Getting rid of clutter, both mentally and physically, will help in the process of paring down.
Yeager recommends a "weeklong fiscal fast" to get in touch with your spending.
"Go a week without spending any money. It's a chance to use up the food in your cupboard and the bottles of shampoo from hotels we've all been saving for 20 years," he says.
The spending detox will reveal how most people spend and waste money in a normal week.
"You're really trying to find and pick apart the routines
you have that involve spending money. Whether you're prone to going out
and buying clothes when you're under pressure at the job or whether you
find yourself going out to lunch every day, you can work to break yourself
of those habits," Yeager says.
Once you've cleared your mind of bad spending habits, it's time to clean house.
"It is a matter of appreciating all of the stuff you've
probably amassed, and it's kind of horrifying when most Americans see all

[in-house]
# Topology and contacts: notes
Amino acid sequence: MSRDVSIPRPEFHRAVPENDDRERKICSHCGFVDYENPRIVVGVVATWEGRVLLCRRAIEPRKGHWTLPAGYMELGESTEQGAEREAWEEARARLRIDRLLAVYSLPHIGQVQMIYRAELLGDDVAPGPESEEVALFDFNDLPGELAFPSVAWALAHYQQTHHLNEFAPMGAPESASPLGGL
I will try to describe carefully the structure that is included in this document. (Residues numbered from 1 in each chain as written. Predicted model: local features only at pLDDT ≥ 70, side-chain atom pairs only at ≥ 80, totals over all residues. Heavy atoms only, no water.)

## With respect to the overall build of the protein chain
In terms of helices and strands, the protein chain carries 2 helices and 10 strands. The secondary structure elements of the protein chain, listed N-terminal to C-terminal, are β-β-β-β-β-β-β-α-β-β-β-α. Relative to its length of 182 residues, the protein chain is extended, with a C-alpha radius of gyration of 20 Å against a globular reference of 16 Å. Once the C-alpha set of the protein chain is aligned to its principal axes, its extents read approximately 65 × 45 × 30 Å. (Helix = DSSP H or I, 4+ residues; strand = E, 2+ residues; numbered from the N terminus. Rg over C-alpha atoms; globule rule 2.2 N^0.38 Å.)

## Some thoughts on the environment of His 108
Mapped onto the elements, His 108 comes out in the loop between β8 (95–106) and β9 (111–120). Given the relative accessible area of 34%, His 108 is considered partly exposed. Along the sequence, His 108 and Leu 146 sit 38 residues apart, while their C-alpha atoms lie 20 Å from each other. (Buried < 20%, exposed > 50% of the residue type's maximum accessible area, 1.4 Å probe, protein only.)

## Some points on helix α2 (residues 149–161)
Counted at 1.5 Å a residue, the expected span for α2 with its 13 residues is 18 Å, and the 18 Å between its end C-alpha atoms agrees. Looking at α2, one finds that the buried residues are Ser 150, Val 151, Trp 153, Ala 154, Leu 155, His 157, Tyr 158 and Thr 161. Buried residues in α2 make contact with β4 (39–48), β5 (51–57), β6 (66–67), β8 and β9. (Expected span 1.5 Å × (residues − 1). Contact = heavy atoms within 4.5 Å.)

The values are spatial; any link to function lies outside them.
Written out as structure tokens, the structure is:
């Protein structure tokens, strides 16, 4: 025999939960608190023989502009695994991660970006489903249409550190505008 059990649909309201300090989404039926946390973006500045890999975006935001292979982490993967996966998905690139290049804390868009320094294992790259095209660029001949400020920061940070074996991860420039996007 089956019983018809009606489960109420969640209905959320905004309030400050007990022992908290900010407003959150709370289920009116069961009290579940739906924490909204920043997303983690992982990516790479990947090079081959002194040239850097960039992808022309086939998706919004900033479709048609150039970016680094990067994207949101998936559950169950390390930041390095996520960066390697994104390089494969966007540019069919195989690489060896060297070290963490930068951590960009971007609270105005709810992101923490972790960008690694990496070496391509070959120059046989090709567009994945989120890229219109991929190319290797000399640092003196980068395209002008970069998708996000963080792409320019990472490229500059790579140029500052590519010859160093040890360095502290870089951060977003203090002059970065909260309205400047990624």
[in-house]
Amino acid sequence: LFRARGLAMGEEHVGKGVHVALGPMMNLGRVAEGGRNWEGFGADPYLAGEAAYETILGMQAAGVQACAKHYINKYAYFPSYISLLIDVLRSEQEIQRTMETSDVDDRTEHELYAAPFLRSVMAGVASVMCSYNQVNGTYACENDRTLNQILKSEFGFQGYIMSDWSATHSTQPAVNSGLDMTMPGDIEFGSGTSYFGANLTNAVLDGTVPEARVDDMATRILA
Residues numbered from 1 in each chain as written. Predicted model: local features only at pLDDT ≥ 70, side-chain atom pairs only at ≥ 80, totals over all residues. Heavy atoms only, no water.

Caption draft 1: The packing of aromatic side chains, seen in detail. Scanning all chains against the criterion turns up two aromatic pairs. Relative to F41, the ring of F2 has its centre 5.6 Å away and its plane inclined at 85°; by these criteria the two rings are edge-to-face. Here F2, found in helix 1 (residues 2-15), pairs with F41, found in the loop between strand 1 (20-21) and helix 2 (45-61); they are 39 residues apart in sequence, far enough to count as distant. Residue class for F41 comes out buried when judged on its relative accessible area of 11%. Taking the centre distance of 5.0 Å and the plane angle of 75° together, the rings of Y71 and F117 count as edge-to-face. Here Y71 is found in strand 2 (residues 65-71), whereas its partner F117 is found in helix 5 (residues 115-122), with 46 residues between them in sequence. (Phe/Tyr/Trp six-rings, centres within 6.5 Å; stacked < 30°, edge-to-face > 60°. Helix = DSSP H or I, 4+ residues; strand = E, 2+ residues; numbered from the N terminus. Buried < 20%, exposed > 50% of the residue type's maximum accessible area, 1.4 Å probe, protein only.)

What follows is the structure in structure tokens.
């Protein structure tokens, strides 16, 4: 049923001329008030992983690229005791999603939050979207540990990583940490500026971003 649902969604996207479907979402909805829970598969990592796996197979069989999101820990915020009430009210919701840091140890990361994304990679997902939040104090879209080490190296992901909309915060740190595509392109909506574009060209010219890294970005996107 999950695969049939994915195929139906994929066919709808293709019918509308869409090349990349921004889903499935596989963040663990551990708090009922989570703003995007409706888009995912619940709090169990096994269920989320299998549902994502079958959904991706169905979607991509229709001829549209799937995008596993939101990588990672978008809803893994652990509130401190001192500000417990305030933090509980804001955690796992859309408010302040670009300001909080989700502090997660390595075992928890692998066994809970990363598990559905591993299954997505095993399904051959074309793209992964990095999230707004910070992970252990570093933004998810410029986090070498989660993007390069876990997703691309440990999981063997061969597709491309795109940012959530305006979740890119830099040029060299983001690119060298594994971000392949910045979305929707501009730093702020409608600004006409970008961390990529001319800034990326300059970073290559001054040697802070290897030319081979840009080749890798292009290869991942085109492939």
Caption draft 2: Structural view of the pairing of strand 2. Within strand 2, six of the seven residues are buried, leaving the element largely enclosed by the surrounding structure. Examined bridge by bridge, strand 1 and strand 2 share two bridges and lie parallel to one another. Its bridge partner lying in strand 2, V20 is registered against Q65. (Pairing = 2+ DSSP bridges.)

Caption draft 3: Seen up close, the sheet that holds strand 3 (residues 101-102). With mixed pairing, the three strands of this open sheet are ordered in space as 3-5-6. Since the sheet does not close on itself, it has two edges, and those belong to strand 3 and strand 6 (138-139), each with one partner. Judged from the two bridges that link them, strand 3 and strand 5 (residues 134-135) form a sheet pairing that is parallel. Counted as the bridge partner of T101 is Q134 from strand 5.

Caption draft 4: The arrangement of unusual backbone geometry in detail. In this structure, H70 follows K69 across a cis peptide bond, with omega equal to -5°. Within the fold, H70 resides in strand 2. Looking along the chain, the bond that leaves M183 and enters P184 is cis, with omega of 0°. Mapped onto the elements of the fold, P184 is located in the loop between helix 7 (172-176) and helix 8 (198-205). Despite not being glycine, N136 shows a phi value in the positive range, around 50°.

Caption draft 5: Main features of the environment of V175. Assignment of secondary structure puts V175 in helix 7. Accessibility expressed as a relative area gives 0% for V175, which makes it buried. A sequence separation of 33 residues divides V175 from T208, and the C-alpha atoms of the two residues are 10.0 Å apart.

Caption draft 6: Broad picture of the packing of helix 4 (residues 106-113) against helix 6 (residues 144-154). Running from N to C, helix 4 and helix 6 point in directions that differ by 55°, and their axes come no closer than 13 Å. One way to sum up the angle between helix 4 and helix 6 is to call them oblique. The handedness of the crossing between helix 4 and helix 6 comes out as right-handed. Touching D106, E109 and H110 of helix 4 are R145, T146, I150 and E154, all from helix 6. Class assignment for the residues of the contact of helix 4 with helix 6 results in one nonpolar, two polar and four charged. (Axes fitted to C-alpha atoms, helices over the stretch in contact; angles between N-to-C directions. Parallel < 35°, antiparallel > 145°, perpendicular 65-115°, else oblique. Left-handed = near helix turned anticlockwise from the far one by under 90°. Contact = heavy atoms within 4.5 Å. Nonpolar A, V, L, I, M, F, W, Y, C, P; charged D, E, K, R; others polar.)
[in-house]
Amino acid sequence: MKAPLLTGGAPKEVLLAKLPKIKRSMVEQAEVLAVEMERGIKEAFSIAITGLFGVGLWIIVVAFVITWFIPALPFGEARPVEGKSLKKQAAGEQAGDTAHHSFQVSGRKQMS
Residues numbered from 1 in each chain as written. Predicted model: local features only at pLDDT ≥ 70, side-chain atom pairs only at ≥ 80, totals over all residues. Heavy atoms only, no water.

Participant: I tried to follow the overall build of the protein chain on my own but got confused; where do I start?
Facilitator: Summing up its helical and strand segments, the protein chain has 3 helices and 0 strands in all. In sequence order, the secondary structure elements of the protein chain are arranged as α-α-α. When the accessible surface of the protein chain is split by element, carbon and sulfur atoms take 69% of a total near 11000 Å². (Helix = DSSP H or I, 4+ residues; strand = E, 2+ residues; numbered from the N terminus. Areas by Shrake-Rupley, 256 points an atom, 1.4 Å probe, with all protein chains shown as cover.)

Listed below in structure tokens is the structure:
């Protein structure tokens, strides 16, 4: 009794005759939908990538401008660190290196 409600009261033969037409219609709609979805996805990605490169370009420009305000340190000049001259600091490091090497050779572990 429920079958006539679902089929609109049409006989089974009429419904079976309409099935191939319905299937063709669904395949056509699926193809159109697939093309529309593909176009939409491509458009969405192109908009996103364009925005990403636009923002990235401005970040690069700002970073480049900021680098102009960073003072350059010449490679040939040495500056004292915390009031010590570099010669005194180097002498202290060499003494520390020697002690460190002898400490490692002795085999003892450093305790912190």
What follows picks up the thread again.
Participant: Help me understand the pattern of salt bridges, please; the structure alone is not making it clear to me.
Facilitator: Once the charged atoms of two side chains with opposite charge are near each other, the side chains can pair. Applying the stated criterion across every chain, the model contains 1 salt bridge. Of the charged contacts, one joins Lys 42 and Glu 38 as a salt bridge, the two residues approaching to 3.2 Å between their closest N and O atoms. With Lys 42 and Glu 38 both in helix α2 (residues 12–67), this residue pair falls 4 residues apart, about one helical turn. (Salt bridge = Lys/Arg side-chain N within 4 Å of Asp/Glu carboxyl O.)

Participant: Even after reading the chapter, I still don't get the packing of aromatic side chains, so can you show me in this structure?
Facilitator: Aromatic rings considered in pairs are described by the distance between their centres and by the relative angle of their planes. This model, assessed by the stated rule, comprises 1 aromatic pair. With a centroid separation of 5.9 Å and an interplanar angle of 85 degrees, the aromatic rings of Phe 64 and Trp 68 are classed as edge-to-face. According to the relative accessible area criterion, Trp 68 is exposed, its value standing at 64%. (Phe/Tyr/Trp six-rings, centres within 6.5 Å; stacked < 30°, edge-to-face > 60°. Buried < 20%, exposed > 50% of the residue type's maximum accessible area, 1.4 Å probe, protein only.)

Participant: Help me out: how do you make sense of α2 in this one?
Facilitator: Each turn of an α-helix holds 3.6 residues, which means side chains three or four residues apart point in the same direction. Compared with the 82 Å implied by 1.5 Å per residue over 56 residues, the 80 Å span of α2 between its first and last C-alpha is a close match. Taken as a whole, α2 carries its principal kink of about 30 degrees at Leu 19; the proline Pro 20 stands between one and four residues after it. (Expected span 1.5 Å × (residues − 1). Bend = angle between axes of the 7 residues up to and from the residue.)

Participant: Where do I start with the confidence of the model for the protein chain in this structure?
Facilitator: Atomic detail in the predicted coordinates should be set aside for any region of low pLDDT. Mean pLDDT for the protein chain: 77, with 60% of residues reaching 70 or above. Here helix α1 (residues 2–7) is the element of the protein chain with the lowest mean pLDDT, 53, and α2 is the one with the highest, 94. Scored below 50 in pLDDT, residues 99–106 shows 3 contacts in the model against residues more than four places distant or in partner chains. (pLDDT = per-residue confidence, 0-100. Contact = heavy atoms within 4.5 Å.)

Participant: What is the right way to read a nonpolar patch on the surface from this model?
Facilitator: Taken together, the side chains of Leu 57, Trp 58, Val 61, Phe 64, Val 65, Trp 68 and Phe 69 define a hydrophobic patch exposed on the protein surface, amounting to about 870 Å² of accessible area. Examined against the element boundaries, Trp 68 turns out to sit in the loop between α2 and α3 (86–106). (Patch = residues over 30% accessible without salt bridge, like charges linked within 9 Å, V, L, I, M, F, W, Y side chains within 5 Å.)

the stuff that we have," Yeager says.
Jessica Dolan, owner of Room to Breathe Home and Office
Organizing, works with people who want to simplify their lives by simplifying
their stuff, whether it's by moving into a smaller home or cutting up all
their credit cards, and getting back to basics.
If you don't know what you have and you keep buying and buying because you've lost what you bought the week before, it's a huge waste of money and your time because you keep going to the store or you keep looking for it, she says.
"You're also wasting space in your house or office
because you're storing all of these things that you can't find. It's just
a vicious cycle," Dolan says.
If you use what you have and spend money only on things you really need, your life, your home and your pocketbook will benefit.